“Our entire company is excited to support the +Me Project as we align really well with a shared mission of empowering others through storytelling,” says Lee. “High school is such an important period for future leaders of the community and beyond and we couldn’t think of a better opportunity to share our experience, expertise and enthusiasm in finding one’s voice to make a positive impact.”


What tabs does the Co-Founder and CEO of reproductive health brand Modern Fertility have open on her laptop right now?

We created our blog because there is so much misinformation on fertility. The Modern Fertility Blog is the resource we wished we always had — real talk, community, no judgments, personal stories and a modern take on how to navigate reproductive health today. We are publishing new articles every week, which are all reviewed by physicians to capture their trusted clinical expertise. We focus our blog posts on the questions we get most from our community of women, covering topics like ovulation, LGBTQ+ fertility, birth control, hormones, and more.  


The American Society of Reproductive Medicine is the reproductive healthcare industry’s go-to source of information on clinical guidelines and advancements. I use it to stay on top of all the latest developments in reproductive medicine and science. They recently released new podcast episodes (here, here and here) covering both a physician's and patient's view of the transgender fertility care pathway. Transgender fertility was a big focus at ASRM’s annual conference, which is of the one industry’s biggest (if not the biggest) events, and is something we continue to focus on at Modern Fertility with our medical content, products and community.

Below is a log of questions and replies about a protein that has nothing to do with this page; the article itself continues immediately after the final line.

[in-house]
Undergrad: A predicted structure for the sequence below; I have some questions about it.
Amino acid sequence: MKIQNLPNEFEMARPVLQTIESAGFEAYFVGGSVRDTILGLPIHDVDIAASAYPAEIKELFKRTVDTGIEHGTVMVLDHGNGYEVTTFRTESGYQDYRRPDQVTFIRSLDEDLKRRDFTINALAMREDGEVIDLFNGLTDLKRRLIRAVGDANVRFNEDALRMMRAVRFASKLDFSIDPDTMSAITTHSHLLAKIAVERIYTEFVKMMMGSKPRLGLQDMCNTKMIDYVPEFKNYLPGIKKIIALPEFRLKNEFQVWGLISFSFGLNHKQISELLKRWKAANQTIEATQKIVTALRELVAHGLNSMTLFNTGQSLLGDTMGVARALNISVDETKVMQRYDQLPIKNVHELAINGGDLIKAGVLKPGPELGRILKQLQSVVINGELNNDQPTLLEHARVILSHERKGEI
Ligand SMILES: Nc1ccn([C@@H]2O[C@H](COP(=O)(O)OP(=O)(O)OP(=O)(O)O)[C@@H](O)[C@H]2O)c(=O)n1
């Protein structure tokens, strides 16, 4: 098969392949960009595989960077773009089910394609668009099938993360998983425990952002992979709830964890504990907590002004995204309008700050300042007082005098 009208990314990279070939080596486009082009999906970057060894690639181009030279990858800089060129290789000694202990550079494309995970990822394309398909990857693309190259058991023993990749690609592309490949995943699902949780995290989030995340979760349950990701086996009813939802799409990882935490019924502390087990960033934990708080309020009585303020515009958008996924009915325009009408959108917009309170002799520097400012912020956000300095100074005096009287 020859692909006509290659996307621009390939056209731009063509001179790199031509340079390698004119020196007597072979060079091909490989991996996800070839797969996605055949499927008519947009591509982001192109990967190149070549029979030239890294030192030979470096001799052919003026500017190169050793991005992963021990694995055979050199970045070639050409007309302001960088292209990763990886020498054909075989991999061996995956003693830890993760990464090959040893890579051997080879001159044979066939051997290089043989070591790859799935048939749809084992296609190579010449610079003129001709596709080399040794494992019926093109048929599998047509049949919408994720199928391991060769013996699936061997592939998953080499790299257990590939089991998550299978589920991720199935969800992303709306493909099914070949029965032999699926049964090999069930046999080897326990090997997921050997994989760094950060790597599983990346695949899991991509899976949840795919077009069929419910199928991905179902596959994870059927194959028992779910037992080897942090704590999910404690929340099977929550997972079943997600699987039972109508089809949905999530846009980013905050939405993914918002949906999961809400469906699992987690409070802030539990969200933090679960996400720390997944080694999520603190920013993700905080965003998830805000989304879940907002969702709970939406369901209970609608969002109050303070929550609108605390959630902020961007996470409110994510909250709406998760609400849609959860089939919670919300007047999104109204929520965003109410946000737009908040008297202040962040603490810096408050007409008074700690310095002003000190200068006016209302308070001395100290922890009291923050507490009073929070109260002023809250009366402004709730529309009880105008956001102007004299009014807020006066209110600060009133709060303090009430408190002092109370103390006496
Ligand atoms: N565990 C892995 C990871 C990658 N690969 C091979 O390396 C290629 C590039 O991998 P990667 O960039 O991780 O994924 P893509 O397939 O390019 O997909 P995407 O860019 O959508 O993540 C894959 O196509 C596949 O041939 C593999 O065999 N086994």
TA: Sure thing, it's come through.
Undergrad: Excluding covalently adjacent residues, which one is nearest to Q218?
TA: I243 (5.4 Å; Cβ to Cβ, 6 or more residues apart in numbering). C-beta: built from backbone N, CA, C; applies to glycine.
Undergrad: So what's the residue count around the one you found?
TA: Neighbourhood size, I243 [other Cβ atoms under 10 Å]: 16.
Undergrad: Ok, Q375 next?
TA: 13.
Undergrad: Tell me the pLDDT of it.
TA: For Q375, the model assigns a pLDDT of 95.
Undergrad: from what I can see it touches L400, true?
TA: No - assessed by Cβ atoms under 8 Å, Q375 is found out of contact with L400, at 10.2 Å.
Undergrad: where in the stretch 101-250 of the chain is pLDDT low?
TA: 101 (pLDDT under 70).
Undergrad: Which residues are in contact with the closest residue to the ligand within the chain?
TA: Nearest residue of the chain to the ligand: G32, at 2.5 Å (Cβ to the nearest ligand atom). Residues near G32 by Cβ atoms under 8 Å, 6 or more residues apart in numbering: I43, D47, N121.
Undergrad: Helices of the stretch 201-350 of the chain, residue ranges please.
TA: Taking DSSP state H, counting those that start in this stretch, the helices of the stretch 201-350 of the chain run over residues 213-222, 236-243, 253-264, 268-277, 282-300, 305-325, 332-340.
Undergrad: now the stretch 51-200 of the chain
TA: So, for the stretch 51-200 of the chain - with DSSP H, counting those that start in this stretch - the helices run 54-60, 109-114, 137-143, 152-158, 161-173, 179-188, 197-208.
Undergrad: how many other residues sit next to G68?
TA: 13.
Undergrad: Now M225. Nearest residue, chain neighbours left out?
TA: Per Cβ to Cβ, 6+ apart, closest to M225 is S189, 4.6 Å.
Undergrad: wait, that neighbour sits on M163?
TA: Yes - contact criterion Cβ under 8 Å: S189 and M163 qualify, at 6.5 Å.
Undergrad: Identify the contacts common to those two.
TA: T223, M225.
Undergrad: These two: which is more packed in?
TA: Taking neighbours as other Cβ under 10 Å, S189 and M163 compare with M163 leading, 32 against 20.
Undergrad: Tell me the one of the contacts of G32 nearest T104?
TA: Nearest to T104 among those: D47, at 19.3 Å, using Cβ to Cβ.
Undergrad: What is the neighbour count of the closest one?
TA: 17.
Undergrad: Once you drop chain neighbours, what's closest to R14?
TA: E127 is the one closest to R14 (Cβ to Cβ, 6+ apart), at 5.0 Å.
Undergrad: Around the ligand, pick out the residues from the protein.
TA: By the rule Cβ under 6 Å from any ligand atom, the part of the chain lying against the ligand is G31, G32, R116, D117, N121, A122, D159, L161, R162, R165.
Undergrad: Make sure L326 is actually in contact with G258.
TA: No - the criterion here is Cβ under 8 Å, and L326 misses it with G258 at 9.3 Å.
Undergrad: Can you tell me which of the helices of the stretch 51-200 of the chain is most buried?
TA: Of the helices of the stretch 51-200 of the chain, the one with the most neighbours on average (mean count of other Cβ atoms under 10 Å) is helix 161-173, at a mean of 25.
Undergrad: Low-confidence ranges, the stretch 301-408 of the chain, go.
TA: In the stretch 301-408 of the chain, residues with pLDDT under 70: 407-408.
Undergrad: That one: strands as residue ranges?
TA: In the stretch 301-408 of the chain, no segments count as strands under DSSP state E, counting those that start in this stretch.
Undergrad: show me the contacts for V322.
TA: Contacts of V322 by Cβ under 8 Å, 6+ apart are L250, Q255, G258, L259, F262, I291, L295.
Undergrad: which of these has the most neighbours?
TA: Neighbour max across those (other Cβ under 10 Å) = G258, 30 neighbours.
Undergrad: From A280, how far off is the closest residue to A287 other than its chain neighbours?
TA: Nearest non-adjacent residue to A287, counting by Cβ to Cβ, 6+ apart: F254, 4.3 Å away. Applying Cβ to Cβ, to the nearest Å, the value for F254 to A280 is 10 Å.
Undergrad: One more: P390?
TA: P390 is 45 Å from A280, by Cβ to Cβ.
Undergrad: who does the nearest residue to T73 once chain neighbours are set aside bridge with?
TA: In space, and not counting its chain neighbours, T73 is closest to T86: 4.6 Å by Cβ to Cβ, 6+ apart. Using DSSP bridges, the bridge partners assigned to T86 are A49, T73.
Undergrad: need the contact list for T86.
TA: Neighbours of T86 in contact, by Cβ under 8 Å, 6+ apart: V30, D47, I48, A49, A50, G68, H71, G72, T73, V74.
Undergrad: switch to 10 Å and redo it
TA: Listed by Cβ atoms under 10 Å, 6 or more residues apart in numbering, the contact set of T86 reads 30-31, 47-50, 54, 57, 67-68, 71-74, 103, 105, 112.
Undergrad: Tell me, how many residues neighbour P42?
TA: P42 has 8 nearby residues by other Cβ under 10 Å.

I am going through a French rap phase. I’ve always loved Les Nubians and have recently gotten into Ninho and Lefa, and now I’m in a bit of a rabbit hole with it. It’s soothing, energizing and interesting, making it the perfect background music while I work or attempt to do something in the kitchen. 

A consultant I worked with once upon a time launched this site and I discovered it on Linkedin. The design combines common pieces with graphic art and an ironic or comical twist. There are watches, clocks, tees and more that make you think or smile. I’m into the way it blends humor, cynicism, art and minimalism all in one. I'm currently checking out this watch, which makes me laugh.